Monday, October 22, 2012

Tiny Gargoyle

How could I build a tiny French house and not put a tiny gargoyle on it?

(By actual count, there are four - squint and you might see the second one on the far roof corner.)

These little gargoyles are among my best, and cheapest, mini finds of all time - I paid maybe $1 each for them in a bead shop at least 10 years ago and have been waiting to use them all this time. (I was in the same shop earlier this year - no more gargoyles.)

Friday, October 19, 2012


I still have some artwork, furniture, and other accessories to sort out. However, the house itself is complete, inside and out.

Sunday, October 14, 2012

How I Wired My Dollhouse for Sound (and TV!)

As a child, I was enchanted by Caroline Hamilton's clever use of a sound chip in her miniature pub, intended to create the illusion that the pub's melodion (early juke box) actually played.

Two years ago, I was equally enchanted by Eloise Moorehead's "miniature flat screen color TV", aka an iPhone in a specially made frame mounted over her dollhouse mantel. The frame can also hold an iPod Touch, but Eloise notes that it won't have any sound.

Well...a smartphone would cost me more than building, decorating, and furnishing this house. And I'm not about to fork out $100 and up for a working dollhouse TV (they do exist, but are basically mp4 players in a TV-shaped casing). However, I already have, and use, an iPod Classic.

I have far less talent than either of those women, but I am good at problem solving.

To wire my dollhouse for sound, I used:
  • One false wall (must be easily accessible from a wall that is open, or that can be opened)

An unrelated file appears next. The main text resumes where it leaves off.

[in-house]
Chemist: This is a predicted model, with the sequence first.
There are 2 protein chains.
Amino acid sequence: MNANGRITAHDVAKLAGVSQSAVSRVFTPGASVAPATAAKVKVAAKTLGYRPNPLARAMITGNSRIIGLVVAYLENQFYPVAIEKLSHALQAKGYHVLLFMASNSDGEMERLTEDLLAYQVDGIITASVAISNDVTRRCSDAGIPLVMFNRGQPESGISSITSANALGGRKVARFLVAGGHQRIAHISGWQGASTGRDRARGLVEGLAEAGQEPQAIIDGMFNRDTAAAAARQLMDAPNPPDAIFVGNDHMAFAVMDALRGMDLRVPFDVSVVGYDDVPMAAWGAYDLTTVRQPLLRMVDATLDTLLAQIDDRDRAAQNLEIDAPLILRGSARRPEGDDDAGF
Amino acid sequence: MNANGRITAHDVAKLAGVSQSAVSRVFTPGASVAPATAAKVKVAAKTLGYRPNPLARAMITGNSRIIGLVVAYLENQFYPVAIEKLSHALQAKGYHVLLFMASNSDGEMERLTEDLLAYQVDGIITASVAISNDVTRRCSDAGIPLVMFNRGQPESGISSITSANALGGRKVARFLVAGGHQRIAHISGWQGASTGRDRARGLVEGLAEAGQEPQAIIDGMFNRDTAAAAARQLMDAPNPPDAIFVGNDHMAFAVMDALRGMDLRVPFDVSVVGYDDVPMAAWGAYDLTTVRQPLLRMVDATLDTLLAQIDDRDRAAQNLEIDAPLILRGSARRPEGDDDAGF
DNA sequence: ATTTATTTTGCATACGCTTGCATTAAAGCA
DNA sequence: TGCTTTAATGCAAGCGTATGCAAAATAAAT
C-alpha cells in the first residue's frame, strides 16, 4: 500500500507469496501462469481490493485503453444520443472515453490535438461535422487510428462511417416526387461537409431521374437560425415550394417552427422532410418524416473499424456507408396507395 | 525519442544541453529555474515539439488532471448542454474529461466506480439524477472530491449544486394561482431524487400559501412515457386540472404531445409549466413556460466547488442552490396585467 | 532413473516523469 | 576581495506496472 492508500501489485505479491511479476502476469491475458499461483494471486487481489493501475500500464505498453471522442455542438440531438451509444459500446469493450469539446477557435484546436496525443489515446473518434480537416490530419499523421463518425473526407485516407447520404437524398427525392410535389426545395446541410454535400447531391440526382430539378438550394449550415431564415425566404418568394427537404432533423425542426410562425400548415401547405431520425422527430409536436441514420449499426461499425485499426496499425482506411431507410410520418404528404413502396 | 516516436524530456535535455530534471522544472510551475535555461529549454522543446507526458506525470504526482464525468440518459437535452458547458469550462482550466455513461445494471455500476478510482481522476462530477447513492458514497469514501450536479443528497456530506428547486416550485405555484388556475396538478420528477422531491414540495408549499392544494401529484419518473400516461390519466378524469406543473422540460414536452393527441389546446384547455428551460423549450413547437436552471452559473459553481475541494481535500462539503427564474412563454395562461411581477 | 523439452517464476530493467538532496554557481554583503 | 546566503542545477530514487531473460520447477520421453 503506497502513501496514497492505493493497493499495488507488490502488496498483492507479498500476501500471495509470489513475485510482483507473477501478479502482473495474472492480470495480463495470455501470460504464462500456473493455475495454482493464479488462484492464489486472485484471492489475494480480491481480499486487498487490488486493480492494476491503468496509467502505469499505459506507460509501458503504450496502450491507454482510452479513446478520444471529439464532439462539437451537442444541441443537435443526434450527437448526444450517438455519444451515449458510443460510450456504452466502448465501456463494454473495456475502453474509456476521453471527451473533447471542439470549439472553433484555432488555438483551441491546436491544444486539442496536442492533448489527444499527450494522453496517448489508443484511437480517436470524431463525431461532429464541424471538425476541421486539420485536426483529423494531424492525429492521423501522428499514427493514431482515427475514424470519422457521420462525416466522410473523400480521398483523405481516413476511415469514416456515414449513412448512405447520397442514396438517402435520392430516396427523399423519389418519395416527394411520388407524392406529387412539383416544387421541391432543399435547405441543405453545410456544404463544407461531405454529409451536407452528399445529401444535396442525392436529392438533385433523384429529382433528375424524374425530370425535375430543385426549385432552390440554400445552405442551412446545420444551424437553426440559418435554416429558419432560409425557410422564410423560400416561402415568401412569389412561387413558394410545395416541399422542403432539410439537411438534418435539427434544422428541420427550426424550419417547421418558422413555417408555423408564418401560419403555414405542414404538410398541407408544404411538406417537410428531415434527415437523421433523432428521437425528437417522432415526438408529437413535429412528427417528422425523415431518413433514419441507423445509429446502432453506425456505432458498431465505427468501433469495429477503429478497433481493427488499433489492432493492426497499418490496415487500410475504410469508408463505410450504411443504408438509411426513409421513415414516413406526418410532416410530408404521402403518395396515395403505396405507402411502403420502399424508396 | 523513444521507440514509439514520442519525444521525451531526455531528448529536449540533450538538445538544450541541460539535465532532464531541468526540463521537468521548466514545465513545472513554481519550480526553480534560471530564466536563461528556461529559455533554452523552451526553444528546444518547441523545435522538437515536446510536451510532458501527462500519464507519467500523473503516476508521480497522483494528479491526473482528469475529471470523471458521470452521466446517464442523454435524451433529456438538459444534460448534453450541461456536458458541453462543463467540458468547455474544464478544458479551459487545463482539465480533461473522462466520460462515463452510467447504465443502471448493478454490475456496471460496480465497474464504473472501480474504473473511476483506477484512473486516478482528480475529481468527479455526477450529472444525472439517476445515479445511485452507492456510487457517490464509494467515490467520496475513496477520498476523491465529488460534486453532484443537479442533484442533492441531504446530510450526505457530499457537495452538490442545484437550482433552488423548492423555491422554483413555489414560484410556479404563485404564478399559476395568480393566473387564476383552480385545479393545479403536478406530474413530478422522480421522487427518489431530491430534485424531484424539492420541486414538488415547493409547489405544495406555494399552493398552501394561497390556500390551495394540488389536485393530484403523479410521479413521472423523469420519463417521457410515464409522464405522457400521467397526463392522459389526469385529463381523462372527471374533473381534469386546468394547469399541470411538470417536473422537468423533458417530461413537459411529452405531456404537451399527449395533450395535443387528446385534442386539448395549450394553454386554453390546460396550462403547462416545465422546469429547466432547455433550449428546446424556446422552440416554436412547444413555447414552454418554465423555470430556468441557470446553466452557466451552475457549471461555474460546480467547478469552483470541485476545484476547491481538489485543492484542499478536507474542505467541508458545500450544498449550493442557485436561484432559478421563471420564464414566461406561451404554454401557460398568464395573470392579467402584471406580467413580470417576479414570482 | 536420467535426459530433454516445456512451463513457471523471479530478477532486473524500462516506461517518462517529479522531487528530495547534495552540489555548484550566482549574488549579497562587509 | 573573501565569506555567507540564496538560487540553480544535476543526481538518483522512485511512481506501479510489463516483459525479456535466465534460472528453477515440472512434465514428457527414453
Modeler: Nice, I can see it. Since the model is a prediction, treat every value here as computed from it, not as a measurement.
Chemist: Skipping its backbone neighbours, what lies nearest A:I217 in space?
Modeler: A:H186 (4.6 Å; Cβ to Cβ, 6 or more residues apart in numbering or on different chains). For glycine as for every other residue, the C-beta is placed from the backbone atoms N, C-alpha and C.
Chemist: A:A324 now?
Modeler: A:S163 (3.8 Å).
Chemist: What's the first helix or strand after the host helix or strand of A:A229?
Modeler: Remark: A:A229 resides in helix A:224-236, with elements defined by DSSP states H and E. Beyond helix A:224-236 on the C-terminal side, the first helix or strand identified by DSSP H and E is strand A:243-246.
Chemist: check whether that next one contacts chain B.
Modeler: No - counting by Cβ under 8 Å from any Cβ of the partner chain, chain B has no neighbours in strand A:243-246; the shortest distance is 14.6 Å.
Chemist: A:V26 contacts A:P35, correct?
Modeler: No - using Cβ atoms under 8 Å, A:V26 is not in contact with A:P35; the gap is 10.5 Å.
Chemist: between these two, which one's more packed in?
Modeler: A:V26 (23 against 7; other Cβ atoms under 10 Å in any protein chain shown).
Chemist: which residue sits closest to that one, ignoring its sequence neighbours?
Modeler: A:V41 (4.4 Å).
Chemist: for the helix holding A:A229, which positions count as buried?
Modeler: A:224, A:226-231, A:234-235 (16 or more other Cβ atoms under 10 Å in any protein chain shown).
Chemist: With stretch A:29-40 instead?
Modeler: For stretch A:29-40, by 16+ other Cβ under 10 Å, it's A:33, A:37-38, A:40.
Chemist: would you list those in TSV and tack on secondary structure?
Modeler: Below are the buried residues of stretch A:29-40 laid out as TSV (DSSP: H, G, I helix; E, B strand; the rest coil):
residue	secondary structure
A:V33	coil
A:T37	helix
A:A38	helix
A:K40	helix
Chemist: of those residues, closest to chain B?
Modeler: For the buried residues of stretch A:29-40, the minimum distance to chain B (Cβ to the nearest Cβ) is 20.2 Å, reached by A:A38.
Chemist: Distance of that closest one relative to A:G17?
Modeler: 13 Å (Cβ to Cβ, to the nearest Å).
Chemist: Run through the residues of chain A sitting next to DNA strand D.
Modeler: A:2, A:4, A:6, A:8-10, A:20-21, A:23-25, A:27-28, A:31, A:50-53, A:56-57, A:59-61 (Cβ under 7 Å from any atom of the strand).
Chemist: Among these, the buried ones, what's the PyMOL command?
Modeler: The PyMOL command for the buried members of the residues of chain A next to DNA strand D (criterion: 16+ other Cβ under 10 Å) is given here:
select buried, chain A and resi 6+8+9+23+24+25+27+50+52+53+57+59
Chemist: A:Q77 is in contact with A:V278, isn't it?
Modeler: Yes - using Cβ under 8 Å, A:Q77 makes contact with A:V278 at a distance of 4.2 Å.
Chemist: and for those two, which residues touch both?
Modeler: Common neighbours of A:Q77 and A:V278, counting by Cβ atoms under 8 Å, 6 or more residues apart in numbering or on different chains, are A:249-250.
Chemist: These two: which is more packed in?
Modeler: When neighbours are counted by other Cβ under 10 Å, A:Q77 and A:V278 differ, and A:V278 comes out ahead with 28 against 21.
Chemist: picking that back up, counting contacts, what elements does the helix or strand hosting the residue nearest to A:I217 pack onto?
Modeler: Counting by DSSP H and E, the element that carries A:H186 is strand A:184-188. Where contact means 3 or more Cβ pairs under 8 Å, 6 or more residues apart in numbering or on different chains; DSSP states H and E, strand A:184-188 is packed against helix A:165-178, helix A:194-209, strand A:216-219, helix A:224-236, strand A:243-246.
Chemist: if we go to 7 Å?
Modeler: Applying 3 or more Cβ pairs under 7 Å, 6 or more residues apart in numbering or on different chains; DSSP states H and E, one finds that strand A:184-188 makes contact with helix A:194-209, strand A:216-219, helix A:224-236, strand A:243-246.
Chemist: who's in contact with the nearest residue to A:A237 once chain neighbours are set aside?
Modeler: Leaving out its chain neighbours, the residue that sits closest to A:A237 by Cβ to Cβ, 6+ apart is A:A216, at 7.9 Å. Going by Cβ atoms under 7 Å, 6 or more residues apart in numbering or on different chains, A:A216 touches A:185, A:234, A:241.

• One scratch-built fireplace box (I didn't make the mantel or coal grate, I am nowhere near that good)
  • One pair of earbuds in working condition
  • One sheet of card stock
  • Tape and glue
  • Some tiny scraps of netting
  • One large picture for the wall
  • Molding or trim
  • One piece of Tyvek, i.e. from an old mailing envelope
There are no pictures of the speaker-building process because I made them before I'd decided to build the house (I was experimenting with a similar situation in a room box). However, the process is easy enough to understand:

Take one pair of earbuds you don't mind not being able to wear (I had an extra pair that I'd retired from use because they were too uncomfortable - I never throw away anything useful). If there are foam or rubber pieces on the earbuds, remove them.

Templates for cardboard or paper speakers are readily available on the internet - Google it and find one you like. Shrink it down until the speaker box is just big enough to enclose the earbud. Print two onto card stock. Cut them out. Paint them the color of your choice.

Also: If the template indicates where to punch holes in the paper, ignore that and trim out the entire punched area. Glue scraps of netting on the back sides so it covers the resulting hole in each speaker. (It's hard to see, but I hope someone notices I used purple netting to coordinate with my tiny purple sofa.)

Use scraps of the card stock to create a tiny funnel around the end of each earbud - you want the sound to amplify a bit, just like a full-size speaker. The card stock should also be painted to match the rest of the speaker box, unless you prefer a two-toned retro look.

Fold the speaker boxes around the earbuds, and mark and cut out small holes at the back or bottom so the cord can pass through. Make sure the funnel fits neatly inside the box - if it doesn't, trim it down or roll it a little tighter. When it's the right size, glue in place, and glue the finished speaker together.